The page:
This is a book, as other reviewers have stated, that is unique and great. The author states on the first page of his Preface: "The large difference between Aesthetic Realism and other ways of seeing an individual is that Aesthetic Realism makes the attitude of an individual to the whole world the most critical thing in his life." And to learn how this is true is to understand oneself better--to an exponential degree.

As an anthropologist who has studied many cultures, the explanation given in this book of the many ways an individual can see the world falsely or accurately, egoistically or with respect, illuminates--as no other explanation has done--the inner lives of men and women from southern Africa to the Arctic, from New York City to Beijing, Sydney, Bagdhad.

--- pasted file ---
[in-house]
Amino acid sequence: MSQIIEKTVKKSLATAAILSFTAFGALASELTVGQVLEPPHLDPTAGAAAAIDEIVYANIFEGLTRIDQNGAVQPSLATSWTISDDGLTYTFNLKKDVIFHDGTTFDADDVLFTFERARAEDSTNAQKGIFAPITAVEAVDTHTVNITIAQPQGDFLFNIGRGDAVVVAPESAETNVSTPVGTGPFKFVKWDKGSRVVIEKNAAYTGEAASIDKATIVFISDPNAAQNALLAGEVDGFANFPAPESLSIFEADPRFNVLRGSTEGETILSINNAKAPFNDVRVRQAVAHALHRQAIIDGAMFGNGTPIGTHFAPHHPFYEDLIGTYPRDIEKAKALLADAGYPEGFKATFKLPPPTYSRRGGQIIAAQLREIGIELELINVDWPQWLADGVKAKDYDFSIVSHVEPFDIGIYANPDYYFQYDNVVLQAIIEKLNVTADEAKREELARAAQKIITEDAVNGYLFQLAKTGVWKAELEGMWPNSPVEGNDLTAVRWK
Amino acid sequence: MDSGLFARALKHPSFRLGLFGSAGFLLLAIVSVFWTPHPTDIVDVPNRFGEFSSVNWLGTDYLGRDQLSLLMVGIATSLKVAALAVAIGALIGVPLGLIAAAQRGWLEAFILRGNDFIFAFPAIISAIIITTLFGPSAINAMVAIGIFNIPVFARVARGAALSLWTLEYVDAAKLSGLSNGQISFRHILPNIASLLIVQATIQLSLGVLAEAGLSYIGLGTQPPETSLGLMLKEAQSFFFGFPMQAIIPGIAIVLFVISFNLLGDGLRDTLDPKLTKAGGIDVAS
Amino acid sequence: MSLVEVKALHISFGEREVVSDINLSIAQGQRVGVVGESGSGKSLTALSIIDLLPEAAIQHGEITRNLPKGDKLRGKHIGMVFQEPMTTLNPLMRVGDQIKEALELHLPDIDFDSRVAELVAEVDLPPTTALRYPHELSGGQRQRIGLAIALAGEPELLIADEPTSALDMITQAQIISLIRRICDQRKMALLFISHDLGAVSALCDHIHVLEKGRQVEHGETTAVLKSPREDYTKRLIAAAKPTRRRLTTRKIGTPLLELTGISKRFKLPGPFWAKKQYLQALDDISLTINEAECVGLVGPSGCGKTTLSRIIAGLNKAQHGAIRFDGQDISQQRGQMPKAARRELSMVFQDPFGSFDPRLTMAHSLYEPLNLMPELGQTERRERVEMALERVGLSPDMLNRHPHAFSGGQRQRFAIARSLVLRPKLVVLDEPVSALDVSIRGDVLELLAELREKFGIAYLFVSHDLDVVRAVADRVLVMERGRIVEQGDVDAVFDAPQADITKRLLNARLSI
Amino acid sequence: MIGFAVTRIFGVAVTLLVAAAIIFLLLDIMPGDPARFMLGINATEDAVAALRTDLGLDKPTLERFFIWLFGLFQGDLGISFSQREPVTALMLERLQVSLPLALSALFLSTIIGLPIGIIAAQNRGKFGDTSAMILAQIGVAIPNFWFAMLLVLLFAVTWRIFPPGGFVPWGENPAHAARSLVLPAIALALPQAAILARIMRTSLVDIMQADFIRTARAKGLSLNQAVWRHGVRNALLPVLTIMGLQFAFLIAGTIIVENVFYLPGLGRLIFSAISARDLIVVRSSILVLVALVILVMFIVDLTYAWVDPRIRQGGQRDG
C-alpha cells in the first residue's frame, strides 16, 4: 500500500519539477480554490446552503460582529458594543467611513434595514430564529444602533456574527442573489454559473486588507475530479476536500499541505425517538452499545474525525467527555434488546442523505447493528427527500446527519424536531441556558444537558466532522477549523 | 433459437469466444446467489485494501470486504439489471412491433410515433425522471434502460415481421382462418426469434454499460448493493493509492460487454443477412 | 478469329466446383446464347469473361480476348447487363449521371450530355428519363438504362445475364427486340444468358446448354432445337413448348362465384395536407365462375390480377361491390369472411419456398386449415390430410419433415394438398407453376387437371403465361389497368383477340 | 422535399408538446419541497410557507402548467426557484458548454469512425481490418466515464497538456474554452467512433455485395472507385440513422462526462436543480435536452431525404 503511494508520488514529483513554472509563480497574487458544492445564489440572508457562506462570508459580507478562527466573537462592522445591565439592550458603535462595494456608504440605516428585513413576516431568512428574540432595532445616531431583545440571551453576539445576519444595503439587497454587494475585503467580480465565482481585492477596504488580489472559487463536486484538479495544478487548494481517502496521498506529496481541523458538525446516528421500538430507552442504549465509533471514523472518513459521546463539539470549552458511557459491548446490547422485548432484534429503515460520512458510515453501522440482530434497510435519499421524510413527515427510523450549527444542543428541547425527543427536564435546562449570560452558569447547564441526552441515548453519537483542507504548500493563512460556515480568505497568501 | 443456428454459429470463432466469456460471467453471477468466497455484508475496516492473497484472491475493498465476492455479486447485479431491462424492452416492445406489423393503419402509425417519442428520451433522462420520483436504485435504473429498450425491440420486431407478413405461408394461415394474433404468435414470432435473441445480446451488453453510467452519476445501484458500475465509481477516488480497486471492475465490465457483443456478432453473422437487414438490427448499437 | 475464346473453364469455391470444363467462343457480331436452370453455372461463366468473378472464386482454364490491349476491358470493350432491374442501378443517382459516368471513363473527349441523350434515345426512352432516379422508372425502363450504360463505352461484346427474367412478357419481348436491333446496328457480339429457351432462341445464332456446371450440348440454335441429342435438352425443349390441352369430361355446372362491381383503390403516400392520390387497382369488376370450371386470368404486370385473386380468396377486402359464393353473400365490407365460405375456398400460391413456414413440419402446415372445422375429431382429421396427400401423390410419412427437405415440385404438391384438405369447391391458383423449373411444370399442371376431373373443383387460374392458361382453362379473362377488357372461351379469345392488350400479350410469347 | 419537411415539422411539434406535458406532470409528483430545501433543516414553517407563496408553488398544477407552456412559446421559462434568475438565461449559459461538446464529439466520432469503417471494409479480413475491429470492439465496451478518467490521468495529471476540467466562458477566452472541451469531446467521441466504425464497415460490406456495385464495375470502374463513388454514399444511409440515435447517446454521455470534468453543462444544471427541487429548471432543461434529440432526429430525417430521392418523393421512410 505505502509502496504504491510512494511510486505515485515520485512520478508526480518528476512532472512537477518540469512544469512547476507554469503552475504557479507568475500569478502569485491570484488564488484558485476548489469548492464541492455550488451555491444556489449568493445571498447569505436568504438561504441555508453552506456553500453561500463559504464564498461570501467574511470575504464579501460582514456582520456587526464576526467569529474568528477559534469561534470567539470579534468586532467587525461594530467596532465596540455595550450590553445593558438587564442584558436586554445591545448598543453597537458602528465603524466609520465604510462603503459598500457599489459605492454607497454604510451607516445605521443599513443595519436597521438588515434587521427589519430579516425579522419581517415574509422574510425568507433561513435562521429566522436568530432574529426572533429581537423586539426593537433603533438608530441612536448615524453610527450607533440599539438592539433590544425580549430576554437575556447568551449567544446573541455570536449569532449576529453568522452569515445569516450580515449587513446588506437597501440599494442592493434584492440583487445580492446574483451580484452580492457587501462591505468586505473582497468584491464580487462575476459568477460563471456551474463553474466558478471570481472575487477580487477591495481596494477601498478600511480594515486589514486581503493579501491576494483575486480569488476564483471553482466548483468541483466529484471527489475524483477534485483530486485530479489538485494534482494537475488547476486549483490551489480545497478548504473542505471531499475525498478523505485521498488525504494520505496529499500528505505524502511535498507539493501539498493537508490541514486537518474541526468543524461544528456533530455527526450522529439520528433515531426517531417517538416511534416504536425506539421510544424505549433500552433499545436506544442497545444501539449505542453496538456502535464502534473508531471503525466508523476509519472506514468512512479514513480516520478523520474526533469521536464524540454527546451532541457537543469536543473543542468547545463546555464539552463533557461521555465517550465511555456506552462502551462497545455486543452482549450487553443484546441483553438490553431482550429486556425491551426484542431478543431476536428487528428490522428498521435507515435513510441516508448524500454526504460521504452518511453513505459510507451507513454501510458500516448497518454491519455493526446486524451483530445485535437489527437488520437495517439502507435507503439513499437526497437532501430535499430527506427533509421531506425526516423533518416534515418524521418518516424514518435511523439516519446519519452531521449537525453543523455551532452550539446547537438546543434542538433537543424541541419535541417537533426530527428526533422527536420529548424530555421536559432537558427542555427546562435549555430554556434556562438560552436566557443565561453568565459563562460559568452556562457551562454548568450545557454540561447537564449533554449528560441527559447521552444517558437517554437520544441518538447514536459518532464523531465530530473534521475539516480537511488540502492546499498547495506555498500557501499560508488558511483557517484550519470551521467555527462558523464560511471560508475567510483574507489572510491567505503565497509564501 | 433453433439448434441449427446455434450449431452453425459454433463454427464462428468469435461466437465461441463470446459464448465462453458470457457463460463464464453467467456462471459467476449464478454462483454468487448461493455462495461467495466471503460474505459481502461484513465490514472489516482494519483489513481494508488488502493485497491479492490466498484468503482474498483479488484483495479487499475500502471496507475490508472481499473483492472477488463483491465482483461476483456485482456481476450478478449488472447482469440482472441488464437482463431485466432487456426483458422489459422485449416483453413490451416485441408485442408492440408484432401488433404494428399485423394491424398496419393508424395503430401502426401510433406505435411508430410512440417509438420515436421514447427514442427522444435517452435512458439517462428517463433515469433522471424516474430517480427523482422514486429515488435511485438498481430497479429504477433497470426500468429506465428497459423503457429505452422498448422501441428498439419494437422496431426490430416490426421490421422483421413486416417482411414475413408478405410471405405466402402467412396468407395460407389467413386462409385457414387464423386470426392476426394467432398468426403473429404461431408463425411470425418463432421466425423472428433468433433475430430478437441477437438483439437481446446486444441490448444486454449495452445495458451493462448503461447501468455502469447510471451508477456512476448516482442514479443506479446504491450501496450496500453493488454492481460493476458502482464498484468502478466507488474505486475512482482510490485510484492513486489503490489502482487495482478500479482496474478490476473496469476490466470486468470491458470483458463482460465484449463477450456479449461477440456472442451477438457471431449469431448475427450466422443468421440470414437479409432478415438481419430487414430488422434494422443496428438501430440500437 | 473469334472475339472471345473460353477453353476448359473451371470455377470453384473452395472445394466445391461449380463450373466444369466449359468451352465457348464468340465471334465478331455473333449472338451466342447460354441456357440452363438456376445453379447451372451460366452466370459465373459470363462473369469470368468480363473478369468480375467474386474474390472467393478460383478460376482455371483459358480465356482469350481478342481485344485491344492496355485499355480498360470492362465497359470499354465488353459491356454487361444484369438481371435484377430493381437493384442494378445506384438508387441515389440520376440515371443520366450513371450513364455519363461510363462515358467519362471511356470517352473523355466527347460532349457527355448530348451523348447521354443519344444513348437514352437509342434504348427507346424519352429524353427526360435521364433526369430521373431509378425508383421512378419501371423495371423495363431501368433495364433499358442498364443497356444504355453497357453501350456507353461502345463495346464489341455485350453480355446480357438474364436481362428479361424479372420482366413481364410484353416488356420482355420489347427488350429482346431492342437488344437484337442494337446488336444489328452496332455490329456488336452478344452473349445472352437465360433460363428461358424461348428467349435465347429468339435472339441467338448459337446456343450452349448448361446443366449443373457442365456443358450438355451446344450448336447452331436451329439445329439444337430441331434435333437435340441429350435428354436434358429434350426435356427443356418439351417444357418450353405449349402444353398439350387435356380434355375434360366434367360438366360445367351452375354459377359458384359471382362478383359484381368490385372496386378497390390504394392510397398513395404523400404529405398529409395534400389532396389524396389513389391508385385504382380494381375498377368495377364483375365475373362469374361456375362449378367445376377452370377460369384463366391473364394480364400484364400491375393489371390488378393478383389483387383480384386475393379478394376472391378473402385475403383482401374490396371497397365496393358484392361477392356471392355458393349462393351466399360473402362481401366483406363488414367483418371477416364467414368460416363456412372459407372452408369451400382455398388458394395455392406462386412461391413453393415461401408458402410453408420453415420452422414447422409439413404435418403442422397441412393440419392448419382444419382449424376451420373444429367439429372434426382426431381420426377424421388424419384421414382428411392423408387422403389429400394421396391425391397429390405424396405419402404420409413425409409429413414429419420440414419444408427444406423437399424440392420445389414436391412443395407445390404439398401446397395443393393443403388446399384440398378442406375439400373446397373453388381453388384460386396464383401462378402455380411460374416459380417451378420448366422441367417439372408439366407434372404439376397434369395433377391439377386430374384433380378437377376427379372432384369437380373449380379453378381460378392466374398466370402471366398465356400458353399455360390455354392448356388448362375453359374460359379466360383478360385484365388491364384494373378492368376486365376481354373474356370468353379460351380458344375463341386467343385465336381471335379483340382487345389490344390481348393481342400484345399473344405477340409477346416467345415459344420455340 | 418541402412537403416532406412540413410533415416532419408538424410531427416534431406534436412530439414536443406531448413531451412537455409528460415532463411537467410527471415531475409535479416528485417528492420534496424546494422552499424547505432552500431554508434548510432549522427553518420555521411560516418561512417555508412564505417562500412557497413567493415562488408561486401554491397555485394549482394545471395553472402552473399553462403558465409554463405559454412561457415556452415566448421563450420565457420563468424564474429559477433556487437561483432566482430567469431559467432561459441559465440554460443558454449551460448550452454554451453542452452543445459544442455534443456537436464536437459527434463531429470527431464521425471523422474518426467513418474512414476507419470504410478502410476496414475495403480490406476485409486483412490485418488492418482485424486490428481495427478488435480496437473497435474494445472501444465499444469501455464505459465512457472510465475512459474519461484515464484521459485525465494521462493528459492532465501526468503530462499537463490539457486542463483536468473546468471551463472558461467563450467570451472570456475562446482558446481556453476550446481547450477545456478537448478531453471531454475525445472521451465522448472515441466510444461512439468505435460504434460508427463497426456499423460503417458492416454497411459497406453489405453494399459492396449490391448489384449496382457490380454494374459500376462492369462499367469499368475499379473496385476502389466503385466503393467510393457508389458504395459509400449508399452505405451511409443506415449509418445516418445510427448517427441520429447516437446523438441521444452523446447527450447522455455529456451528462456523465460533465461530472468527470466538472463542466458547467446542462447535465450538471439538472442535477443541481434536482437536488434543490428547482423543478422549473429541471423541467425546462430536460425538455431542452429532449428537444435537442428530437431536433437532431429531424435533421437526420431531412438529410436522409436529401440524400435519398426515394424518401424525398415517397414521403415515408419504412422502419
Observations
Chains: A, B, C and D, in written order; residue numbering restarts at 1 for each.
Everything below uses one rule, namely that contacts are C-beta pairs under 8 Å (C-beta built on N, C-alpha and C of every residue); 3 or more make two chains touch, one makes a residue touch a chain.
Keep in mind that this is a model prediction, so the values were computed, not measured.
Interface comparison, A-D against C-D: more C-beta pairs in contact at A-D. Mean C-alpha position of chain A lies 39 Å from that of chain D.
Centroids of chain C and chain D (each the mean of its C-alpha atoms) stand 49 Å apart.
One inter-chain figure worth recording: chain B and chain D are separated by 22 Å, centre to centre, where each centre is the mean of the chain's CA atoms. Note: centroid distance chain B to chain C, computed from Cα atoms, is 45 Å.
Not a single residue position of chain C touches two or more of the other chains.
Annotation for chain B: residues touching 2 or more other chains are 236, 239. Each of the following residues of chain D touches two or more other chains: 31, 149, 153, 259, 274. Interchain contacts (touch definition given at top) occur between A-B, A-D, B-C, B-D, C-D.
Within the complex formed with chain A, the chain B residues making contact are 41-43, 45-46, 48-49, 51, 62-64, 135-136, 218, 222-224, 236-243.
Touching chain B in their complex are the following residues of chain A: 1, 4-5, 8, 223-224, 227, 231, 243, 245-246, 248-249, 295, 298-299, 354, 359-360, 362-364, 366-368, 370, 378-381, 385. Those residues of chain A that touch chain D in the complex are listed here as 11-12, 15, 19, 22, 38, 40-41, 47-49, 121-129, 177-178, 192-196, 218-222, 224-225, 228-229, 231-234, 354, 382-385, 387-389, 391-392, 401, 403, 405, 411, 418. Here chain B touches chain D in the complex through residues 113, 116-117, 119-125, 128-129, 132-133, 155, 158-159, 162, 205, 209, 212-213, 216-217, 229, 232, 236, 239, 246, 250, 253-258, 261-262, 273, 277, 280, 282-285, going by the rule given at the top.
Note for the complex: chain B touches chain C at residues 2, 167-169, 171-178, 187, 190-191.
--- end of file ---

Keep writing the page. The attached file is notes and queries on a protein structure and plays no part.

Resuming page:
You see, in Self and World, for example, such sentences as: "The basic conflict in the human mind--present, I believe, in all particular conflicts--is that between a person warmly existing to his fingertips, and that person as related to indefinite outsideness....In every person there is a drive towards the caring for and pleasing of self; in every person there is a drive towards other things, a desire to meet and know these. Often this drive towards self as an exclusive thing collides painfully with the drive to widen the self" (p. 93). Here is the beginning point for the particular conflicts we all have, in every culture. It is the conflict present in the particular conflicts documented by Ruth Benedict in her always-important Patterns of Culture; by David Friend Aberle in his analysis of a Hopi life history (the life of Don Talayesva, titled Sun Chief); by Margaret Mead in her large anthology, Cooperation and Competition; and many more worldwide. Eli Siegel, in Self and World, explains the cause of these conflicts.